SPU struggles to keep enrollment up to pre-COVID-19 years

Many new factors affect which students will choose to come to SPU this fall

Mary Bruggeman, Staff Writer

Data Visualization by Gabrialla Cockerell

“Right now we’re ahead of last year with the number of deposits,” said Vice President of Enrollment Management and Marketing, Nate Mouttet. “But we are not as far along as 2019. That was the pre-COVID year.”

First-year enrollment is higher at this time than it was last year but still lower than it was before COVID-19.

Mouttet also said there is a change in where first-year students are coming from.

People are not sure how the pandemic will continue to play out so many students are choosing to stay in state and closer to their families. There are less students coming to SPU from out of state and more from Washington as a result.

“Students from other states who might have considered SPU in prior years; there’s just probably fewer of those,” Mouttet said. “But that means more students in the state of Washington are considering SPU than in prior years.”

Mouttet said that of the first-year students who have committed so far, 55% of them are from Washington. This number does not account for transfer students who are also mostly from Washington.

“Last year’s [ratio of in-state students] was higher too. It was over 50%,” Mouttet said.

According to Director of Public Information Tracy Norlen, the percentage of high school students from the state of Washington for the 2020-2021 school year was 63%.

According to the 2019-2020 Student Profile on SPU’s website, only 35% of first-year students were from in-state two years ago.

Mouttet also mentioned how the recent controversy over SPU’s statement on human sexuality may have affected potential students’ college decisions.

“If you are watching from remote and you are seeing the news on the campus being this turmoil, looking for clarity around our LGBTQ stance around hiring and the response from the board that the hiring policies are not changing, then you probably are a student trying to decide ‘do I want to be on a college campus that’s in this kind of turmoil’,” Mouttet said.

Watching this news, potential students may not be sure of what the environment is like on campus. Especially if they cannot visit, they may be left with many questions.
As the school searches for a new president, potential students are also left wondering what SPU’s leadership will be like in the fall.

“It’s not that a presidential transition inherently means that students will or won’t come, but it just adds another question mark for families who want to know as much as they can before they make that decision,” said Mouttet.

Many incoming students are also factoring vaccination policies into their decision.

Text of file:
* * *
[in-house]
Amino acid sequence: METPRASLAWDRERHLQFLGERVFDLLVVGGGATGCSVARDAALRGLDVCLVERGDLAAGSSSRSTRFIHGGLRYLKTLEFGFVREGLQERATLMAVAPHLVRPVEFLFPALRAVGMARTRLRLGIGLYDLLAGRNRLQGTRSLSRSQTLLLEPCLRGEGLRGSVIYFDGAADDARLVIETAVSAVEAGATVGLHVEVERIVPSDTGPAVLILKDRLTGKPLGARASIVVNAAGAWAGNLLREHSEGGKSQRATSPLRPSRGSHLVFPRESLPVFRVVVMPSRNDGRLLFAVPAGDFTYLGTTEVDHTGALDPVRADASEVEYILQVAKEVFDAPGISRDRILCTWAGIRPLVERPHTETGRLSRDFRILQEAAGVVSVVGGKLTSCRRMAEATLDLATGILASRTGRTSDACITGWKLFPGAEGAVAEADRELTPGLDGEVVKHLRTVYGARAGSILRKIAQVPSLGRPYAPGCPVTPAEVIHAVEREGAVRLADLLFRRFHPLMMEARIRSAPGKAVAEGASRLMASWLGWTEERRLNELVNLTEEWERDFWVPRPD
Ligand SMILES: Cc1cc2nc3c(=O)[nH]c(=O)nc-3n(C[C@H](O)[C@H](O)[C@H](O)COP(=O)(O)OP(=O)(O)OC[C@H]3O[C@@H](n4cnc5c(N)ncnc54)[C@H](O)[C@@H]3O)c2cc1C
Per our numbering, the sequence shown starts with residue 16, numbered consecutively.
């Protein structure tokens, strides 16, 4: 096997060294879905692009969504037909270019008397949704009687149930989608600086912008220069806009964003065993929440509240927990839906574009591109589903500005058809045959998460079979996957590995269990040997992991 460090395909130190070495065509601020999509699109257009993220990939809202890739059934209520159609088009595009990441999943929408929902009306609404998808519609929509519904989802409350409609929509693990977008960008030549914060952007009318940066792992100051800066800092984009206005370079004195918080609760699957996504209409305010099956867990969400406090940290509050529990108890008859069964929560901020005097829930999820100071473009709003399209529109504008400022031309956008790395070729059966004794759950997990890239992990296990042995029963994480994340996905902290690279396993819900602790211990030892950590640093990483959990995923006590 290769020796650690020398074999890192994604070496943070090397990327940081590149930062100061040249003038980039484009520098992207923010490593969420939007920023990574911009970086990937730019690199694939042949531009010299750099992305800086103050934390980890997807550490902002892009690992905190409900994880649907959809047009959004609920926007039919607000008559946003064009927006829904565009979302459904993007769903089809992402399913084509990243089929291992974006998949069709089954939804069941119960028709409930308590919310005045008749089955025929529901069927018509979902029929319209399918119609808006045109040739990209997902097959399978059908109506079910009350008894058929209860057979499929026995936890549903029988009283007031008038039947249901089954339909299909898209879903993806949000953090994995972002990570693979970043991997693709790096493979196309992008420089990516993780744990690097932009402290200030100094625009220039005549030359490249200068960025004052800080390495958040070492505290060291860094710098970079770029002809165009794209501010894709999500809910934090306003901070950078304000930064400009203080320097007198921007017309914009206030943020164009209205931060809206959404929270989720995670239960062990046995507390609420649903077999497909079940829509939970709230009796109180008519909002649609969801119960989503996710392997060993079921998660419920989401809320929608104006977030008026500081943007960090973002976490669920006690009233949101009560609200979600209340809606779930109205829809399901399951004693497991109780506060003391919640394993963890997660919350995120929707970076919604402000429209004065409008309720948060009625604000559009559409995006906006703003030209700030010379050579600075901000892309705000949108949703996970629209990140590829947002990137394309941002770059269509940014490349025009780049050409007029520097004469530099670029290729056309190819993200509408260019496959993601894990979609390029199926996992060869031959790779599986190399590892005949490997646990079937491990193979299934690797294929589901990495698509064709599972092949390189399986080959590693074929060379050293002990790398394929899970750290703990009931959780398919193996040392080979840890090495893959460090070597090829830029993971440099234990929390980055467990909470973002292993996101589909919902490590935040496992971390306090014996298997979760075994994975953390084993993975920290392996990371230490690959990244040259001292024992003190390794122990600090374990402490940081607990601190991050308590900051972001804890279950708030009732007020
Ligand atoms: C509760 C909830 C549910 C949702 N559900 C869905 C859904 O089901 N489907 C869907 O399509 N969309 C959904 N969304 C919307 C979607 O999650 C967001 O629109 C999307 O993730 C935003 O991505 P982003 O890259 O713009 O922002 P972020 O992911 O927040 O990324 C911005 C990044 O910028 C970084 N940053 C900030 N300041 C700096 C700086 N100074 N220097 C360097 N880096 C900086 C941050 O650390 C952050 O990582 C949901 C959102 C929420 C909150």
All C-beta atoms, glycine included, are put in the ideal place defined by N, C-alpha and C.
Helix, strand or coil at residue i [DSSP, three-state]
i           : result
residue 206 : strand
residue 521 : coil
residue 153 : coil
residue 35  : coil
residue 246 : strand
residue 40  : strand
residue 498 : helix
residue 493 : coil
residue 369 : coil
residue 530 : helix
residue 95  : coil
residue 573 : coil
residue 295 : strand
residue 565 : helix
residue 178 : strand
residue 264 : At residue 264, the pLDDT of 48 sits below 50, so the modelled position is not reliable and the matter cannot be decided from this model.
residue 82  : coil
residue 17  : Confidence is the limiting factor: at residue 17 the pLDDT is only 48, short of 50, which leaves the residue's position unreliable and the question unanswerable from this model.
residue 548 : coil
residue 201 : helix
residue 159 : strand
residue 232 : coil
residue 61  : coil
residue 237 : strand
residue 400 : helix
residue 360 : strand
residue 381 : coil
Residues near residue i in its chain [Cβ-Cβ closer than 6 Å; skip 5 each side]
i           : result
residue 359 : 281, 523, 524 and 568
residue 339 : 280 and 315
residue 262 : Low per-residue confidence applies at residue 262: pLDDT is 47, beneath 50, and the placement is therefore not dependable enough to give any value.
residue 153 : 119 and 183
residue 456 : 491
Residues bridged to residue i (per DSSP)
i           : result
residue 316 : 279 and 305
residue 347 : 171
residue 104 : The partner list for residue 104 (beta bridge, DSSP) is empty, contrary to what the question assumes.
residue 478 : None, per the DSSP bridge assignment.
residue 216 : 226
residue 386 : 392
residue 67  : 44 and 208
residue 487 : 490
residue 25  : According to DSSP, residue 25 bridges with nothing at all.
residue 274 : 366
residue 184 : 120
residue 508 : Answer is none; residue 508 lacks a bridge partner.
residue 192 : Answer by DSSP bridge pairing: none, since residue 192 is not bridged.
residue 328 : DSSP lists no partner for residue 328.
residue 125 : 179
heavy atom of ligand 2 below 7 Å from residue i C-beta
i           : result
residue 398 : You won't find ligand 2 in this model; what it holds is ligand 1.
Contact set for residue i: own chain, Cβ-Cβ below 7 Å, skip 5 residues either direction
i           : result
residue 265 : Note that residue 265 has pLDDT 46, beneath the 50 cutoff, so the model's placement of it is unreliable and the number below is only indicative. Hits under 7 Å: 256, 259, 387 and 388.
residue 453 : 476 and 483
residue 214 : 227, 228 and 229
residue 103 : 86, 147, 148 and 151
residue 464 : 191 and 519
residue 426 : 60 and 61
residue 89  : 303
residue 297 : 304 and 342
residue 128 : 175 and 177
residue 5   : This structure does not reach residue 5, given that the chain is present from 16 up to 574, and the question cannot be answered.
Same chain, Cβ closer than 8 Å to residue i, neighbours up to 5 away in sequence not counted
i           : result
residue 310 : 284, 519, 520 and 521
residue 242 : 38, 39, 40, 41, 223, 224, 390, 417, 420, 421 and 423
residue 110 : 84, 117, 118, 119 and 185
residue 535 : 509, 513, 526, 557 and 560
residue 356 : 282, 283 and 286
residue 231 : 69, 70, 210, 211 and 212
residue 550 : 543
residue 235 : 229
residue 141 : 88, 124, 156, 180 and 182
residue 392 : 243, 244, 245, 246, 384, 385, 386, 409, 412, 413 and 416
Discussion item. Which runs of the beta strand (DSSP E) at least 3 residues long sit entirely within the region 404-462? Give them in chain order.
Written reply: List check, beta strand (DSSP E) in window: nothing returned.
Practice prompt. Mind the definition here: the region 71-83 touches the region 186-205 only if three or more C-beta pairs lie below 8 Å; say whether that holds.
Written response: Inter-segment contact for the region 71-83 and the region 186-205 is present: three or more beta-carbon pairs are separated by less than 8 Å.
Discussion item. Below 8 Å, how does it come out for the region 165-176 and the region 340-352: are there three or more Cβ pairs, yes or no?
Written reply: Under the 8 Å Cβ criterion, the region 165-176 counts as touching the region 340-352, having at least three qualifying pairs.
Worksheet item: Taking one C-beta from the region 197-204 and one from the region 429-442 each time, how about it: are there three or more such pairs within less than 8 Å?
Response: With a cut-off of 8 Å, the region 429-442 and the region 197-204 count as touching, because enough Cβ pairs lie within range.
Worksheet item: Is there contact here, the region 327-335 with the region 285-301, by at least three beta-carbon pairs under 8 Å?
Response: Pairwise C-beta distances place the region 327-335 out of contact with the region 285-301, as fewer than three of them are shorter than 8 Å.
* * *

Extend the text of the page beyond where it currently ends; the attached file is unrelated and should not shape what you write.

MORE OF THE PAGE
“Lots of students are just trying to understand what will the fall look like and will vaccinations be a part of it and if they are, what’s going to be required,” Mouttet said.

With so many pieces of the university’s future in question, first year students are left with a difficult decision.

Mouttet explained that before COVID-19, private institutions were having difficulty keeping enrollment up because of the price of tuition.

“That’s why we had been working on a multi-year planning process of resetting our price and doing the Tuition Reimagined. We knew that was already an issue for families and students in particular prior to COVID,” Mouttet said.

According to Mouttet, Tuition Reimaged, which lowers tuition costs, has led to some positive results, but not to the extent that SPU was hoping for.

“There was an increase in application numbers and in the number of admitted students. But at this point, with the other challenges for incoming students, I don’t think it’s going to have the full effect that we would’ve hoped for,” Mouttet said. “I think we are going to struggle to hit our enrollment goals for this fall. I don’t think it’s a surprise but I think it’s really challenging because so many people have poured effort and energy into making this as good an opportunity for students to come to SPU as possible.”

With so many different factors playing into the incoming first years’ college decision, Mouttet says he just wants students to understand clearly what SPU stands for and what the community values.

“We really want SPU to be a place where they feel community and they feel welcomed and loved. And, if you don’t know that clearly at the front end, you may not join that community,” Mouttet said. “That would be the part that I would want to work hard on over the next couple of months to try to give as much clarity to our returning students and our incoming students as possible.”